1) The time and cost of getting a licences is WAY higher than it was when I got mine. It is so distant and so much work many kids just see it as too far in the future to focus on
2) Internet and connectivity has them able to reach peers and friends far more easily than taking a drive to see them.
The last comment I would make is on introversion and how others perceive it.
My daughter check in this week - she will be home every night this week and is happy to visit her grandma any day this week.
My Son check in this week (they live with me 1 week on 1 week off) has he staying at his girlfriends 2 days this night and going out another 2. -
Both are happy well balanced young adults. I find it more comfortable with what my son is doing... I get this that is what I think a older teen (18+) should be doing. What my daughter is doing is what is right for her and she is extremely happy with her life.
Truth is as they get older they become their own people and dont always behave the way we would aspire for them. As long as they are happy and healthy .. that is all you can realistically hope for.
05-22-2019 03:08 PM - edited 05-22-2019 03:08 PM
Hi @shawki11 and thank you for reaching out to our Parents community here. The final school year is a stressful experience for both teens and parents, and that feeling of physical and emotional burnout is really common
Perfectionism and withdrawal can be really common for young people experiencing anxiety and depression. You mentioned that she has been going to headspace, how is she finding it so far? Has it been a helpful experience?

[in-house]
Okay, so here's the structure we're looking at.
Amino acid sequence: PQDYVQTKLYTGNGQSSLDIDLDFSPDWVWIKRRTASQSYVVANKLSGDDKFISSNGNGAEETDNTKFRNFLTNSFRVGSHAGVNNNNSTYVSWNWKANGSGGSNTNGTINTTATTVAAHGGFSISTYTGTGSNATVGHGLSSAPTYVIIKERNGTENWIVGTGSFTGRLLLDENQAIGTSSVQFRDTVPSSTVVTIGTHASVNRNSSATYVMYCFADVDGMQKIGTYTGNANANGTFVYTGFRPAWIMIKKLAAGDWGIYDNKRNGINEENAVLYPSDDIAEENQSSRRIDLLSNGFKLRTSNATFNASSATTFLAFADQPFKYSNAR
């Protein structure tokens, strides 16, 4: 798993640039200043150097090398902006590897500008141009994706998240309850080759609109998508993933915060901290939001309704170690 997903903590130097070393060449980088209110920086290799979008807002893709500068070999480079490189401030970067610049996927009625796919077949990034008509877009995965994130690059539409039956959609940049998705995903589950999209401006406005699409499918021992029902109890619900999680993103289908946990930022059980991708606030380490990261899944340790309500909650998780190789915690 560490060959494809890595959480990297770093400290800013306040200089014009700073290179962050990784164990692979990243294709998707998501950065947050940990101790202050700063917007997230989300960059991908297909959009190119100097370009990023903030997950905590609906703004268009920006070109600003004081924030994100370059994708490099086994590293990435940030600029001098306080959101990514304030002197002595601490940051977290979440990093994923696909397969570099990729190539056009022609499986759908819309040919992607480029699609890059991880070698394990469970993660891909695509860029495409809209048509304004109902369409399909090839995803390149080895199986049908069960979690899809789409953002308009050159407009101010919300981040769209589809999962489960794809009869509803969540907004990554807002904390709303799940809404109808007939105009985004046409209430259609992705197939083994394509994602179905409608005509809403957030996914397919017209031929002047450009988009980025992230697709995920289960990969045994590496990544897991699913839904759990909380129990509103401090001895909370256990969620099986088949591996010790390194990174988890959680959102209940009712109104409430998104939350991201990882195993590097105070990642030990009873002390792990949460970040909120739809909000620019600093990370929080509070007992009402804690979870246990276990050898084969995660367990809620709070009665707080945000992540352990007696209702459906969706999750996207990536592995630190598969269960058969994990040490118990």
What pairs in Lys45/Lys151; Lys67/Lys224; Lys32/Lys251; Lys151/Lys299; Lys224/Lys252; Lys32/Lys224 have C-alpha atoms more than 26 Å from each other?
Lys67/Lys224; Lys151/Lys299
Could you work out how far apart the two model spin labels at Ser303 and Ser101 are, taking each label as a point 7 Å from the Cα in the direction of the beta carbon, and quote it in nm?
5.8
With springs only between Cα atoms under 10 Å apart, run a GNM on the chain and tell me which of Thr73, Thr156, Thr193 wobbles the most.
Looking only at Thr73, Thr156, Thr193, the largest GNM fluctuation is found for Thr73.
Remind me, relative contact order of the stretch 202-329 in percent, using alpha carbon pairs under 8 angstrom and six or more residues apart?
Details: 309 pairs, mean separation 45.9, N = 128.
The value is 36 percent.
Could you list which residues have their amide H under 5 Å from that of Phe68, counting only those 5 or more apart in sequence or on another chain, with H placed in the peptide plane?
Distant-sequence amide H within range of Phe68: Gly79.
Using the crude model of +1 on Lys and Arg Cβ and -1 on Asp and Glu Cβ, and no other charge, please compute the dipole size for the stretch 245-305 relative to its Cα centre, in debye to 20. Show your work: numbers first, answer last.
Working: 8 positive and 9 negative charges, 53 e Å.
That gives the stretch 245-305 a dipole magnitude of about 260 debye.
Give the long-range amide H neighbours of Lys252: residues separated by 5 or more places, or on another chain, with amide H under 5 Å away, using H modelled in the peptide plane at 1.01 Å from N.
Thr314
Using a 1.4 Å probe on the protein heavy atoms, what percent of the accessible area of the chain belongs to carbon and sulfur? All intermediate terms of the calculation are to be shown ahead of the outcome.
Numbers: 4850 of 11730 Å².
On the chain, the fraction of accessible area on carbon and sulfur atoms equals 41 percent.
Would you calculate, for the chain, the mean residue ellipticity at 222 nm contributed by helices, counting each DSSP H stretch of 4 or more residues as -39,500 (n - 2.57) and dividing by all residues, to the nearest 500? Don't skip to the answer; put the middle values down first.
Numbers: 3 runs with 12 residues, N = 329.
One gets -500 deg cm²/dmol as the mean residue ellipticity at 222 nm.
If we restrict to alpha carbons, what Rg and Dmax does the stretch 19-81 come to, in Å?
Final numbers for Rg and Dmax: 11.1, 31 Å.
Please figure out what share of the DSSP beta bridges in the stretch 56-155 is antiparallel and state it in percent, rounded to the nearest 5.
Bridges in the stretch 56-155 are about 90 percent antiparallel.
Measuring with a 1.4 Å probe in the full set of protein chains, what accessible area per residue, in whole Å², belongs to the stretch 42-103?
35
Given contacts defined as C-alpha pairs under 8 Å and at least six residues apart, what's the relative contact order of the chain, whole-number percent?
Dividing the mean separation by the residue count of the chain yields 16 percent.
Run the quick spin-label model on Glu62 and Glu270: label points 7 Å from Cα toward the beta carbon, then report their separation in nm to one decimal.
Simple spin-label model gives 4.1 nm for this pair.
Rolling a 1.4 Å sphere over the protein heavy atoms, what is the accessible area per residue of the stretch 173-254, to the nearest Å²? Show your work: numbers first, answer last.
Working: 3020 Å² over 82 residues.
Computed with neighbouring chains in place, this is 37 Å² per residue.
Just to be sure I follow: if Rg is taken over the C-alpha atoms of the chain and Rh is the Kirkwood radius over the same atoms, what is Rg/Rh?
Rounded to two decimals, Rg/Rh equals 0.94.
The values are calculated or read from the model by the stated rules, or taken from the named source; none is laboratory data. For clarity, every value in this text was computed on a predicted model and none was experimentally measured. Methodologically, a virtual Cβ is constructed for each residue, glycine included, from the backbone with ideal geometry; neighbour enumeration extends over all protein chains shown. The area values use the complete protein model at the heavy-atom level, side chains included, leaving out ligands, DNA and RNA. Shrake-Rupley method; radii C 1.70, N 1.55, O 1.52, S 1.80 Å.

There are some great responses around role modelling from @JAKGR8 and building self confidence in your teen from @PapaBill. I am also wondering whether your daughter would be interested in our youth forum? We often see young people who don't feel comfortable to leave the house or talk to someone face to face, but are happy to post using an anonymous username. She may even meet other young people going through similar things that can offer hope that she can recover More than happy to talk to you about what our community is like
06-02-2019 03:54 PM
Thanks everyone for the great advice. I have shown her the site and will ask again if she wants to join... She said she was feeling sad again the other night but can't cry. She says she has no emotions... Doesn't feel anything. Is this normal?
06-03-2019 01:42 AM
Just quickly, it can be normal to feel numb or unable to cry. It can also be a sign of stress, overwork or something like depression. It depends on how long it lasts. Just keep doing what you are and keep an eye on her.
06-14-2019 12:17 PM
Hey there @shawki11, how are you?
It's hard to say what counts as normal when it comes to emotions, as they can often be difficult to understand. Have you been able to talk to your daughter more about what she's been feeling?
I hope things are well, we're here to listen.